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The Journal of Bone & Joint Surgery: January 1926
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The history of the recognition of epiphyseal coxa vara as a definite clinical entity is sketched. The term coxa vara is defined and an anatomic and etiologic classification of the various types of coxa vara is given.

The incidence is given and the clinical picture and roentgenologic findings in epiphyseal coxa vara are described in detail. Twenty-four cases are reported.

The pathologic specimens reported in the literature are reviewed and discussed. The true pathology is unknown, as no early specimen has been described.

The various theories as to the etiology of the condition are critically reviewed and it is suggested that the condition is due to a weakening of the periosteum binding the head to the neck of the femur. The cause of this weakening is unknown, but it is usually coincident with a period of unusually rapid growth during adolescence.

The mechanics of epiphyseal coxa vara is discussed and the differential diagnosis is given. The end-results obtained in fourteen cases are discussed and these cases are reported in detail. In our experience the cases have all been seen some time after the onset of the condition and in such cases the prognosis without open operation is that of a hip usually somewhat painful and always limited in internal rotation and abduction and often limited in flexion. In many cases permanent flexion develops and persists. The hip may become practically ankylosed in severe cases. It is felt that forcible manipulation of an old case tends to result in increased stiffening of the hip and is not justified by the results obtained in our cases. The treatment of the condition in the various stages encountered in its natural evolution is given in detail.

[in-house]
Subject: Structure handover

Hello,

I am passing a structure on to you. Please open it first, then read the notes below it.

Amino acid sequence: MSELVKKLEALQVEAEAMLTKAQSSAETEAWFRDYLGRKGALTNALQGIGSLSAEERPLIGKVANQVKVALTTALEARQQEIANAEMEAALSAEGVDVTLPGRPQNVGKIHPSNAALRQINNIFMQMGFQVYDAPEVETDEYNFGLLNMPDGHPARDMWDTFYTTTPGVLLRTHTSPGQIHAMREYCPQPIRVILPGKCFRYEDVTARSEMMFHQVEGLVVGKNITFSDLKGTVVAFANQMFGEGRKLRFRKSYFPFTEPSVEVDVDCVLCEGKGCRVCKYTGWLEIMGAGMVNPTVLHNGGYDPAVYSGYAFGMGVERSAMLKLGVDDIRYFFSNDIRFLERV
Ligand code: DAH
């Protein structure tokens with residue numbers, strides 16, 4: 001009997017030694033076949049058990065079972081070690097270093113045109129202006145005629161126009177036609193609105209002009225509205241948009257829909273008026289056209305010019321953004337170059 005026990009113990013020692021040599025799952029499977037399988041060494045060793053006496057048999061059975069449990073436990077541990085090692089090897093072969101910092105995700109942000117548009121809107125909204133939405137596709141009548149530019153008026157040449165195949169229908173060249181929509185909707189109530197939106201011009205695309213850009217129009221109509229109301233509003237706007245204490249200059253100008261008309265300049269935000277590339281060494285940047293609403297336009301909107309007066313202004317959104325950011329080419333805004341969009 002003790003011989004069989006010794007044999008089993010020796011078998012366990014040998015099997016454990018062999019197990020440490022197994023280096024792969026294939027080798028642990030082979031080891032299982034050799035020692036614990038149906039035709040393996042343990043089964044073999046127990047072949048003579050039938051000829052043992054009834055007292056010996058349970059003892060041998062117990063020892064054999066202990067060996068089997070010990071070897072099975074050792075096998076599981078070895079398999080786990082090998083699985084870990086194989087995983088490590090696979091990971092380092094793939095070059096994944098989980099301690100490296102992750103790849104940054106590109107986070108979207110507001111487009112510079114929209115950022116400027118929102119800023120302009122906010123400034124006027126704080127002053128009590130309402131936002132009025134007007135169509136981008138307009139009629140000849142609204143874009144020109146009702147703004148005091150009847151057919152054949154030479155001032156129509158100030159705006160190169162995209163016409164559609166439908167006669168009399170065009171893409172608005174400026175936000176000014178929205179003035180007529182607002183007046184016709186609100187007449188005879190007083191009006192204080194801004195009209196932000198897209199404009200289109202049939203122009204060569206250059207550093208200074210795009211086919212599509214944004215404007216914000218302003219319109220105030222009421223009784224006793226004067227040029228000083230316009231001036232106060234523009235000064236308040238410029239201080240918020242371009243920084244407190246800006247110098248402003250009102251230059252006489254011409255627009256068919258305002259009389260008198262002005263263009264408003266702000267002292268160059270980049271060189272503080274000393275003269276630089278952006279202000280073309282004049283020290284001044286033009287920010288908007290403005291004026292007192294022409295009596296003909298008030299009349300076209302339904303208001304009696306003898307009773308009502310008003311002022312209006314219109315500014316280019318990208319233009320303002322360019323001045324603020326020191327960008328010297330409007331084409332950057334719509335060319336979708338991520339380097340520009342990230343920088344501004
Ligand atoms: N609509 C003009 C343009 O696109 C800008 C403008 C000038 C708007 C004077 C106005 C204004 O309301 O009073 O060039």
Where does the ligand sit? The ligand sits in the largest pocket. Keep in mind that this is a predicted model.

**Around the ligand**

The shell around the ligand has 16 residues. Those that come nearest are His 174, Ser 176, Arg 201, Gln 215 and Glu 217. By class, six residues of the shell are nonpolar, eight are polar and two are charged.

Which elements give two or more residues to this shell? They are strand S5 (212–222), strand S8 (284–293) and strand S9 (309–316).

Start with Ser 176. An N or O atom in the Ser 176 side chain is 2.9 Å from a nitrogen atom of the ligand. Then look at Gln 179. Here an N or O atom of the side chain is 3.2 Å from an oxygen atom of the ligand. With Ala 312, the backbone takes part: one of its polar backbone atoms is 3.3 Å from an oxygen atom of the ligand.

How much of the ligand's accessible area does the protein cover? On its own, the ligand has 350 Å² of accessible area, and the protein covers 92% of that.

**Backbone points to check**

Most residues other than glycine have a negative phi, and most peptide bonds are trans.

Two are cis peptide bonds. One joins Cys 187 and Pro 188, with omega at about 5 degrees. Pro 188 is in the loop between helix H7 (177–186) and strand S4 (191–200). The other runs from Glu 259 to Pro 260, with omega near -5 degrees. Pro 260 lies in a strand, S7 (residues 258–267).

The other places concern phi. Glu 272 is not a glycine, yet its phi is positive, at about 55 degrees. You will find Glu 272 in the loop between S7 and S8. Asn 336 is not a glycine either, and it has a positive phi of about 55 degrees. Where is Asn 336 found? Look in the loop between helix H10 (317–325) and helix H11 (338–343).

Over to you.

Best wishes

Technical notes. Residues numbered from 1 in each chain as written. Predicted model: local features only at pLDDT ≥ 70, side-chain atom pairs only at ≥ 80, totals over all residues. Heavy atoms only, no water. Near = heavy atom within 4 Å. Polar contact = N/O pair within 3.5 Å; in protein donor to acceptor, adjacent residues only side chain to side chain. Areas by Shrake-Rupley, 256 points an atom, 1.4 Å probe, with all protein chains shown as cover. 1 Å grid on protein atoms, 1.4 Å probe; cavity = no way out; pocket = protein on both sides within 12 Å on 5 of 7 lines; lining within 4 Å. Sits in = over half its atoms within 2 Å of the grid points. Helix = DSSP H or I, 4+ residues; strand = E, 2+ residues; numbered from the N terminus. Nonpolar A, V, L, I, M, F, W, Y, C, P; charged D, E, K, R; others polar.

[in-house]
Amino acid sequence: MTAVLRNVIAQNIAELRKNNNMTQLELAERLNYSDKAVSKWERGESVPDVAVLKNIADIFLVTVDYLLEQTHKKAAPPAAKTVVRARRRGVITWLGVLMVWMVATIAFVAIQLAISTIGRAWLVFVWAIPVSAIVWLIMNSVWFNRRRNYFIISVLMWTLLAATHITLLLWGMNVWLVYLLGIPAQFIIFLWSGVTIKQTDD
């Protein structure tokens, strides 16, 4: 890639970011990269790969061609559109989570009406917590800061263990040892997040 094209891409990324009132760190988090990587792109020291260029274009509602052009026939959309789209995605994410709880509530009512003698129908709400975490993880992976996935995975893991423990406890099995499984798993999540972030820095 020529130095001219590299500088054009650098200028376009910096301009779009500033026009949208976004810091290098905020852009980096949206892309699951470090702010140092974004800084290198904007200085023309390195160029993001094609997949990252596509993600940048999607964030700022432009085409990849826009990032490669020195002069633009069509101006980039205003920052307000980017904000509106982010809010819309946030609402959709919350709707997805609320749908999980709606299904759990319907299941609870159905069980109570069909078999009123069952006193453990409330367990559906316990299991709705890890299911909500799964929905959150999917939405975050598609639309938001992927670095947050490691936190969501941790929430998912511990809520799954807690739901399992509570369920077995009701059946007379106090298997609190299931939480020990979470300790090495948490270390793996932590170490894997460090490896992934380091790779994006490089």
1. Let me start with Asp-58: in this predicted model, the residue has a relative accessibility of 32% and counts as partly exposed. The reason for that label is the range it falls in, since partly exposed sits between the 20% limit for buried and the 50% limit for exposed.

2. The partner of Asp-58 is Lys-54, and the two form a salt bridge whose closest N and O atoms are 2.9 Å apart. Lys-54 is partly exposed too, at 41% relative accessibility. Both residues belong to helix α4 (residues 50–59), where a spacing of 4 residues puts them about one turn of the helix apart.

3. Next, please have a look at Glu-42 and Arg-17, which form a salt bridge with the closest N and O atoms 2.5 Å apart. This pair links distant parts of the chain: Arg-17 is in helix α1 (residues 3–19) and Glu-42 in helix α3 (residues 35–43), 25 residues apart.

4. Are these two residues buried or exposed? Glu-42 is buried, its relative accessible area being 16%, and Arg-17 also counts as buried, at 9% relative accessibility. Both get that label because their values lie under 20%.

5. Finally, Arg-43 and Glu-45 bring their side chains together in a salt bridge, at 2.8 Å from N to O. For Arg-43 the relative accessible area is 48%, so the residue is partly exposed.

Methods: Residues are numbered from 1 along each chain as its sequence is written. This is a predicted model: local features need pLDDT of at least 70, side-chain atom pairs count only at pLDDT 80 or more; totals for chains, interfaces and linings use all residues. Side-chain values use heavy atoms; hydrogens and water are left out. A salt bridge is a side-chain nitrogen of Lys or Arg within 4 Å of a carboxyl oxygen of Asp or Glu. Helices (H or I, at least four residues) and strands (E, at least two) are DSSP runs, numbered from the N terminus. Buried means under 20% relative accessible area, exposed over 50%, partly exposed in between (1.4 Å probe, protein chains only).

(C) 1926 All Rights Reserved.The Journal of Bone and Joint Surgery, Inc.

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